Daugherty also said so far, 84 students at the high school have been signed up for the Virtual Option, with 17 coming from outside the district. However, they will only be allowed to switch back to the Traditional Option one time, he added. They will also not be allowed to participate in person for extracurricular activities.

The deadline to enroll students in the Virtual Option is Friday, July 24.

Huntington County Public Health Nurse Emily Satterthwaite told the board that the county’s low COVID-19 infection rate has mitigated returning students back to school. She said socially distancing students with the plan presented will properly protect them while they are back inside school buildings.

She added that if COVID-19 cases inside schools or absences become unusually high schools may need to be shut down.

 “If we do have a student that becomes positive, it’s a possibility that we would only have to close a classroom for a couple of days to clean it, instead of closing a whole school,” she said. “It’s not only important to keep our students healthy, but it’s important to keep them on the right track.”

Students who are quarantined will continue their education through eLearning and teachers will put lessons on Canvas for them to keep up with the class.

HCCSC Food Service, Maintenance and Transportation department directors also spoke about their roles in facilitating the re-entry when students return to class on Aug. 5.

Transportation Director Vanessa Fields said students will be required to wear masks on board buses and siblings in the same household will sit together in assigned seats, with as much social distancing as possible. Students will also be picked up and dropped off from the same locations. There will be some masks available on buses for students who forget to wear one.

Huntington County Health Officer Dr. Thomas Ringenberg expressed his support of the district’s re-entry plan, saying the American Academy of Pediatrics agrees that kids should be back in school.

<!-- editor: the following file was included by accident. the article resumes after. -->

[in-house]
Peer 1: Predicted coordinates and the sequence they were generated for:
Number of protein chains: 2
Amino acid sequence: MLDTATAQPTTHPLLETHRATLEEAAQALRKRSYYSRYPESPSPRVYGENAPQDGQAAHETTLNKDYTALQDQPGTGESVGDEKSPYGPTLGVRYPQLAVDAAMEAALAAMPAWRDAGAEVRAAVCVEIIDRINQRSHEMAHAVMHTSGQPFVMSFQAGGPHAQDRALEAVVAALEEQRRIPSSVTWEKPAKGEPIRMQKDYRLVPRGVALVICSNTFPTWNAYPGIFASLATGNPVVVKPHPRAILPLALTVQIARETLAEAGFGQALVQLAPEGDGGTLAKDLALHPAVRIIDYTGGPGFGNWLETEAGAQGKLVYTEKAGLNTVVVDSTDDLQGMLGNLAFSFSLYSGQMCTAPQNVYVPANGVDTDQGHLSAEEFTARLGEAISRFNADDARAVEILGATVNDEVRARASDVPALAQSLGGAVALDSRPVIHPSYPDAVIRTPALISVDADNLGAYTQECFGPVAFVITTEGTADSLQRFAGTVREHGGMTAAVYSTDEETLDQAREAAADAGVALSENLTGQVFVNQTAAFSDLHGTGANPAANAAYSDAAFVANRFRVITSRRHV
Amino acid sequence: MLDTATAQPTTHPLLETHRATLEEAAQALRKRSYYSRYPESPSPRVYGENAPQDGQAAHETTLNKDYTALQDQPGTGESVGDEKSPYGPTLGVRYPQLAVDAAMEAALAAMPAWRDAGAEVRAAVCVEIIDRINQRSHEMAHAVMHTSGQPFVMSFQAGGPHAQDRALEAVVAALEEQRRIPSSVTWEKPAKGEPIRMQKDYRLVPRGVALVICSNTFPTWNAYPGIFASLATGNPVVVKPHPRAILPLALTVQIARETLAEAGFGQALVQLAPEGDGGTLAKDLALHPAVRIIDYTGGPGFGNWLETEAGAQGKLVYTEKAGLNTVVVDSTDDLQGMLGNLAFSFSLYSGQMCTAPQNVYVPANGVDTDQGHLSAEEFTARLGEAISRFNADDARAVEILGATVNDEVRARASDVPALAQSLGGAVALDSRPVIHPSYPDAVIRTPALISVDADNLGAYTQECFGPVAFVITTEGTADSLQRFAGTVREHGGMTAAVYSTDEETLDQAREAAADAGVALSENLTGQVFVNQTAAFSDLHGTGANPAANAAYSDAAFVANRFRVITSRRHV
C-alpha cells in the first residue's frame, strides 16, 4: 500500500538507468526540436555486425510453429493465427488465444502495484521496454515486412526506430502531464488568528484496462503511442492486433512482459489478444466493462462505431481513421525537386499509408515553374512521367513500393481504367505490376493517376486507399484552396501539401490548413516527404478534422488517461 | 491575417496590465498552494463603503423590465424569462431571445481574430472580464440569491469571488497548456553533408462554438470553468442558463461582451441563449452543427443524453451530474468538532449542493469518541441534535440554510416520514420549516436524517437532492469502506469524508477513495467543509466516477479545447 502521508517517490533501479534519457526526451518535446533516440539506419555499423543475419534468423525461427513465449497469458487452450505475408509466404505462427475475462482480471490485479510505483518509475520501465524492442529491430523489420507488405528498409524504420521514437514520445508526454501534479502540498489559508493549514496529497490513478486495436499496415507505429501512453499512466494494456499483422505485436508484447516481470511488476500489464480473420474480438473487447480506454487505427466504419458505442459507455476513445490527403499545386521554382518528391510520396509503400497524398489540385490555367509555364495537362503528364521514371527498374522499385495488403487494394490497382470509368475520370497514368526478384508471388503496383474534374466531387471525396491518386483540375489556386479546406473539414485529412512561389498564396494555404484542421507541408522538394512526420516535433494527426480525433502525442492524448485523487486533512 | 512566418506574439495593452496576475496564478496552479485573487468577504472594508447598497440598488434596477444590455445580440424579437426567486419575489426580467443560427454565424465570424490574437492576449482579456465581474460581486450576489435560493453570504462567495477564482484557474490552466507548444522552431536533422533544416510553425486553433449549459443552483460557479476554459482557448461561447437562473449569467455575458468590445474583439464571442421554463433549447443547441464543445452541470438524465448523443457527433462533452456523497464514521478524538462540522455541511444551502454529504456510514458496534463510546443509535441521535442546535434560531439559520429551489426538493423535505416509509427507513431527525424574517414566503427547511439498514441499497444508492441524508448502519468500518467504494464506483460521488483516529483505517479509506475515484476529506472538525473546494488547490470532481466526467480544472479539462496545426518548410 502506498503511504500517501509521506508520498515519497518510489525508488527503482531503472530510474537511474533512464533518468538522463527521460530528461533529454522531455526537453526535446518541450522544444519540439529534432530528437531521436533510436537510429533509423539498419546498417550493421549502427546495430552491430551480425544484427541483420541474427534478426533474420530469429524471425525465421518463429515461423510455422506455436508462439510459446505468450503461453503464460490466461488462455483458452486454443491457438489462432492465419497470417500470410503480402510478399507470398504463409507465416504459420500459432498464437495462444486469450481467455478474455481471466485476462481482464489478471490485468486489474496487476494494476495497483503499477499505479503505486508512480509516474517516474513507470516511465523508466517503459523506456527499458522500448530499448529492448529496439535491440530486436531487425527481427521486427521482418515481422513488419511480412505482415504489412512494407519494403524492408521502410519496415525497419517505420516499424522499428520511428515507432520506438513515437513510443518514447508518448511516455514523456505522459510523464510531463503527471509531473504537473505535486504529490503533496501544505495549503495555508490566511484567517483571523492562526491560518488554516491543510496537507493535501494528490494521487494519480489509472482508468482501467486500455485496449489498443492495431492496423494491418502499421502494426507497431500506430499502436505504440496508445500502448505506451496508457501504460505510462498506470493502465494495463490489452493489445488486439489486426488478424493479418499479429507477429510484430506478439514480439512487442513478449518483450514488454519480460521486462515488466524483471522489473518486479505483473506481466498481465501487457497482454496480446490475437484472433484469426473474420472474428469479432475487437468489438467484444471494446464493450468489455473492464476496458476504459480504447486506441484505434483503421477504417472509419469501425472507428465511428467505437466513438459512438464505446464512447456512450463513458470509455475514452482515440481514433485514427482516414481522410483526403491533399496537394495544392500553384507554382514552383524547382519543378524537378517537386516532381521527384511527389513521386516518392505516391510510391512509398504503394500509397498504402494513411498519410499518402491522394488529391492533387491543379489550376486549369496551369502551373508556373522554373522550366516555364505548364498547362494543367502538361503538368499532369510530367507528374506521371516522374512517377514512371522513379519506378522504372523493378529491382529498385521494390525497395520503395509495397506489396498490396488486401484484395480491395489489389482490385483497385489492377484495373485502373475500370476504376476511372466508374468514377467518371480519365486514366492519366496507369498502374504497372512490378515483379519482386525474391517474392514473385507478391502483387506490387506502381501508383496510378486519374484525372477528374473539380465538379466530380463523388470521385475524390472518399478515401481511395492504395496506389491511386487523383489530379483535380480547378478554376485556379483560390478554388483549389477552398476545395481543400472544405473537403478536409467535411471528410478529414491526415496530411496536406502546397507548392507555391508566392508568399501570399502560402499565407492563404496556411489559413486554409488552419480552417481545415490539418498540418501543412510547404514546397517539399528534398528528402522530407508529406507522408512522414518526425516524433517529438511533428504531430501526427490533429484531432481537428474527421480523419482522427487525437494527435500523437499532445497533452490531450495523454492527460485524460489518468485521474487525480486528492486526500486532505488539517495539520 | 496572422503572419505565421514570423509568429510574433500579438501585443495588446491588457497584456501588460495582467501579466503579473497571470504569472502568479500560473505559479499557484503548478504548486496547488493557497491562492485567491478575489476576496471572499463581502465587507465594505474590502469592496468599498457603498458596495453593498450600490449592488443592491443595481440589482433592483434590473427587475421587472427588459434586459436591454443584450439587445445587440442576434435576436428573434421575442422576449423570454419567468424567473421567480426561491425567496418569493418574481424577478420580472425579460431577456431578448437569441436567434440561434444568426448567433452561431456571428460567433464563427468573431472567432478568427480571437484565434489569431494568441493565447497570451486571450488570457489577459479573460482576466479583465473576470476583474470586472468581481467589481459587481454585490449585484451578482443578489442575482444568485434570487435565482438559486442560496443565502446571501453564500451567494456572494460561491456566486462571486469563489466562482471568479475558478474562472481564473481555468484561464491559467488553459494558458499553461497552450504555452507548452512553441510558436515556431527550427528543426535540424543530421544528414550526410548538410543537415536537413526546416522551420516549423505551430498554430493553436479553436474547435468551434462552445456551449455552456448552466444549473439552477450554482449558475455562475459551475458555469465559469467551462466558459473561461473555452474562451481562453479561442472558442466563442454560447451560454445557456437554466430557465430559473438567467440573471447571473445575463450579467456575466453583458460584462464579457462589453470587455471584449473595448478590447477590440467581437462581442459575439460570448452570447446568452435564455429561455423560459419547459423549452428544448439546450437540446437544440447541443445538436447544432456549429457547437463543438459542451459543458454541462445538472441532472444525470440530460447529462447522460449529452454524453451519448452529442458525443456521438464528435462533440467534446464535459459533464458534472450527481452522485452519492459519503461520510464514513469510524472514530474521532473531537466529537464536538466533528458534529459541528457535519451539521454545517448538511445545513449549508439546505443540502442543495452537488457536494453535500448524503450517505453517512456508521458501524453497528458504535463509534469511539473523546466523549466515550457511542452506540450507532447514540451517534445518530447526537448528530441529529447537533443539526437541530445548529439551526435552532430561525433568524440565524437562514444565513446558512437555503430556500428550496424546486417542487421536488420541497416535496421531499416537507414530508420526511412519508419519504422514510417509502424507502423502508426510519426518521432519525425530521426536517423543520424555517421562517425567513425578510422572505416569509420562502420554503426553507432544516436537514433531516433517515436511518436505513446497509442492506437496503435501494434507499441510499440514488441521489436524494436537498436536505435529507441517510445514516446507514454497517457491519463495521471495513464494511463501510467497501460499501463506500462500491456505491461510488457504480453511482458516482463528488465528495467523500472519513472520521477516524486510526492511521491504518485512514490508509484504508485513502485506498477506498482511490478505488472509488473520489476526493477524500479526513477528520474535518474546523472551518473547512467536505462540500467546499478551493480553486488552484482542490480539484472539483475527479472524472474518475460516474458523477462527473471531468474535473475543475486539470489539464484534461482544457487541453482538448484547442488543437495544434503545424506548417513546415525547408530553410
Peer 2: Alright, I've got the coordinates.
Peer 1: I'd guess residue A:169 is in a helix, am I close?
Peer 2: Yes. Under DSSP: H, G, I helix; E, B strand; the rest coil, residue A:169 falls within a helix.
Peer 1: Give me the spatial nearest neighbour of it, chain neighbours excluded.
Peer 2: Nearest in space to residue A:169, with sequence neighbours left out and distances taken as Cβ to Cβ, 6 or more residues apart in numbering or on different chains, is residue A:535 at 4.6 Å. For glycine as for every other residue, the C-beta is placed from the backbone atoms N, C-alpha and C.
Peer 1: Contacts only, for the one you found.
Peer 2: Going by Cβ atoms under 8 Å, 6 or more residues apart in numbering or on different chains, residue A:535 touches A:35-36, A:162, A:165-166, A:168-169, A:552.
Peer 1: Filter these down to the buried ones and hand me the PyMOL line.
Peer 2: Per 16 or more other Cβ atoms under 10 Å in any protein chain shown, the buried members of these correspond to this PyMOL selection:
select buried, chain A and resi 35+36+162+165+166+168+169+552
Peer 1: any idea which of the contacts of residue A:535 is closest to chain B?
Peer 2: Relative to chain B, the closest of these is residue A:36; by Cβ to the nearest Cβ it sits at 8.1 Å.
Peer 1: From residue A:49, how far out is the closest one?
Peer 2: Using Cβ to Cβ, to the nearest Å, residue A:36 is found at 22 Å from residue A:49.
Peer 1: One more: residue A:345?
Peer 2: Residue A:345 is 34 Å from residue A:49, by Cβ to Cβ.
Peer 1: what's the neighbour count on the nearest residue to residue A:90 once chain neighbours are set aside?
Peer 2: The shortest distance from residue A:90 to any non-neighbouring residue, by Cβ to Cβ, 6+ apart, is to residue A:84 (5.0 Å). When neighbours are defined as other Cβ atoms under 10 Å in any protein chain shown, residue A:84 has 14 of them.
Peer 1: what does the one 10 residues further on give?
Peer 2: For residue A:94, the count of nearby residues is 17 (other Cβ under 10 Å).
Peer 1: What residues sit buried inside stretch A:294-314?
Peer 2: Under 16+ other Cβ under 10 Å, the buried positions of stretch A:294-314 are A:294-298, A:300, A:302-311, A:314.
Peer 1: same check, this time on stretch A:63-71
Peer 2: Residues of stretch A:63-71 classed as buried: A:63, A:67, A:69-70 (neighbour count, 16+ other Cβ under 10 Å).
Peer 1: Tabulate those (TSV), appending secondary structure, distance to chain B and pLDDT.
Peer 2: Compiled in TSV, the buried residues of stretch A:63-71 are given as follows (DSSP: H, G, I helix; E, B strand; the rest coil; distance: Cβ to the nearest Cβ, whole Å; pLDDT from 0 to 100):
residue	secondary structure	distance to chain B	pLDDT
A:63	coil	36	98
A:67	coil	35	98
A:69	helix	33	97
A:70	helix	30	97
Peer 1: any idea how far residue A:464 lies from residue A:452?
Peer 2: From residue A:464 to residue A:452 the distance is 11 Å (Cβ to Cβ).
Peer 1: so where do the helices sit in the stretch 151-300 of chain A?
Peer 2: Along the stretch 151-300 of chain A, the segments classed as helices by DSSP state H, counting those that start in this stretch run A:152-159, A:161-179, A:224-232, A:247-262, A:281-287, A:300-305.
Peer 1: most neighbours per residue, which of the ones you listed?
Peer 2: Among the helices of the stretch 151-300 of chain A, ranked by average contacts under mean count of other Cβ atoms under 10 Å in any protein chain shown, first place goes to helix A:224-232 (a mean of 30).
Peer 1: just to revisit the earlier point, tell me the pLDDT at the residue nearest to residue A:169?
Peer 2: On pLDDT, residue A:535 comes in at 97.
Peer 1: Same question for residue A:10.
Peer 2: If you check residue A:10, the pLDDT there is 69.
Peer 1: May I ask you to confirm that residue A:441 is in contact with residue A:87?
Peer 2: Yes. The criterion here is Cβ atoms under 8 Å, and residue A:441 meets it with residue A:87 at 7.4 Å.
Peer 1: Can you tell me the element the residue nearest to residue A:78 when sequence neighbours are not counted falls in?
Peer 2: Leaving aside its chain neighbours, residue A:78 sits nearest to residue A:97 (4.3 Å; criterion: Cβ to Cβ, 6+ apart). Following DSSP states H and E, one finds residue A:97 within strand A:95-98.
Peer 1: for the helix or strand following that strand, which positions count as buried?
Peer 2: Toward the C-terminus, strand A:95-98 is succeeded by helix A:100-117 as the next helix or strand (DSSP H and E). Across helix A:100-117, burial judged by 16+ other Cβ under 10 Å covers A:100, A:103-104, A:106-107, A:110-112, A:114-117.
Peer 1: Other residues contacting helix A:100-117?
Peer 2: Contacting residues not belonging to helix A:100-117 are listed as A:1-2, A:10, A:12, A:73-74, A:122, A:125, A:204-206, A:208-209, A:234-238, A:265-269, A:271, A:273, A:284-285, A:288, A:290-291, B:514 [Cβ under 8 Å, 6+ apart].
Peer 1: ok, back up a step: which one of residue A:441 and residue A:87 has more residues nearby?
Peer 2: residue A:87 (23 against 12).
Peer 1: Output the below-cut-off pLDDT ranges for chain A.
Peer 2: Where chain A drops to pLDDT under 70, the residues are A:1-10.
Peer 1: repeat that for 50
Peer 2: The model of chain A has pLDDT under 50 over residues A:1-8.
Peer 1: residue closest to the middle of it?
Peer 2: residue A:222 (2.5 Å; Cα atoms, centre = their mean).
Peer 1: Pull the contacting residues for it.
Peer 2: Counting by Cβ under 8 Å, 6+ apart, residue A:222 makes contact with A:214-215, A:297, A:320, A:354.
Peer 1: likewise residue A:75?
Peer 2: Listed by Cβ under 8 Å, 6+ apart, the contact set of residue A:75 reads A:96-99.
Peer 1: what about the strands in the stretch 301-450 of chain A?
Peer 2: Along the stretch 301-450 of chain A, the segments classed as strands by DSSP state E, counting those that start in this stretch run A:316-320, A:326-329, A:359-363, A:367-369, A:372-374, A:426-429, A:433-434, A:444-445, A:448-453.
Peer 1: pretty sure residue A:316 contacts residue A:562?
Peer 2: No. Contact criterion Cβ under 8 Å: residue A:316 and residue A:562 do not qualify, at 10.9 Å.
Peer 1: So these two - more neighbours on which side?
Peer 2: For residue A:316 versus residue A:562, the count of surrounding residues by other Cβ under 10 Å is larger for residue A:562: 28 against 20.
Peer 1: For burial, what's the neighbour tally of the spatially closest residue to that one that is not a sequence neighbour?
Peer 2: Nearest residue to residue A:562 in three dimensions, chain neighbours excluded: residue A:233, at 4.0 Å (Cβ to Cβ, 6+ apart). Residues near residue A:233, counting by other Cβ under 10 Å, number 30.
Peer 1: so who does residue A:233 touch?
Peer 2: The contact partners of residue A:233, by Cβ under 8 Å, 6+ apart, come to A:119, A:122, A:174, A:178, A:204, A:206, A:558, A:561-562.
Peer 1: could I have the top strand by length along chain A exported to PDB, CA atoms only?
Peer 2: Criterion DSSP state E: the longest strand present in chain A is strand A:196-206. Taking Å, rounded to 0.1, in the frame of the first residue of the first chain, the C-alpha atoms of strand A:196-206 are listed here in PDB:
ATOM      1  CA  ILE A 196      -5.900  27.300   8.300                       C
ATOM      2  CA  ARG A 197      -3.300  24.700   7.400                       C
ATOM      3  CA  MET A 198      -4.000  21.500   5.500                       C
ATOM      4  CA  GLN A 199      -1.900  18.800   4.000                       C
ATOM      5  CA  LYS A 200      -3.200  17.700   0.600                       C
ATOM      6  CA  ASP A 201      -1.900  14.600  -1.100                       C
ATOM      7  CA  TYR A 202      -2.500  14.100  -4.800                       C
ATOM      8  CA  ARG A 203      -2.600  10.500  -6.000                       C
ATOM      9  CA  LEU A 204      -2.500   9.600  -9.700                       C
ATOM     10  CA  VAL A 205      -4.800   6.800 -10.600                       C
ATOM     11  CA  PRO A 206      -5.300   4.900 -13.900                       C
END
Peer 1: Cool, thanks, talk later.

He suggested the corporation look into purchasing infra-red thermometers, which do not have to touch a person in order to read their temperature. He recommended putting them in classrooms.

“If a teacher has a question as to whether or not a student is sick, they can do it (take their temperature) right there quickly,” he added. “And I think each teacher needs to have some extra masks, because as you well know, they (students) are not going to come to school with their masks sometimes. They’re going to forget them and you need to have somewhat of a supply for each teacher in their classroom.”

Ringenberg also suggested using clean-air machines in close-contact classrooms, such as the choir room, which have a high respiration exposure.

However, the re-entry plan did not sit well with everyone in attendance at the meeting, including parent Melanie Meyer, who took exception to requiring students to wear masks in school and to the word “rebel” being used during the board’s discussion to describe students who refuse to wear a mask.

“I’d like to know what law you are basing your mask mandate on in the public school system – why you feel like you are obligated and allowed to say that my 10-year-old daughter has to wear a mask because you want her to,” Meyer asked. “That’s my decision as a parent. And if my ‘rebel’ daughter – to quote you, sir – can’t wear a mask, then what? Are you going to tell me she’s going to have to go to virtual school? That’s baloney. …

“I shouldn’t have to keep her isolated because you believe in a mask and I don’t.”

Board President Matt Roth said he did not believe there is a law to mandate students wearing masks when in close contact with others, calling it a “guideline.”

“I think the option is to go virtual,” he said, adding the plan proposed contained some exceptions from wearing masks for medical purposes.

Additional information about the re-entry plan can be accessed by watching the Livestream video of the board meeting on the HCCSC website, www.hccsc.k12.in.us.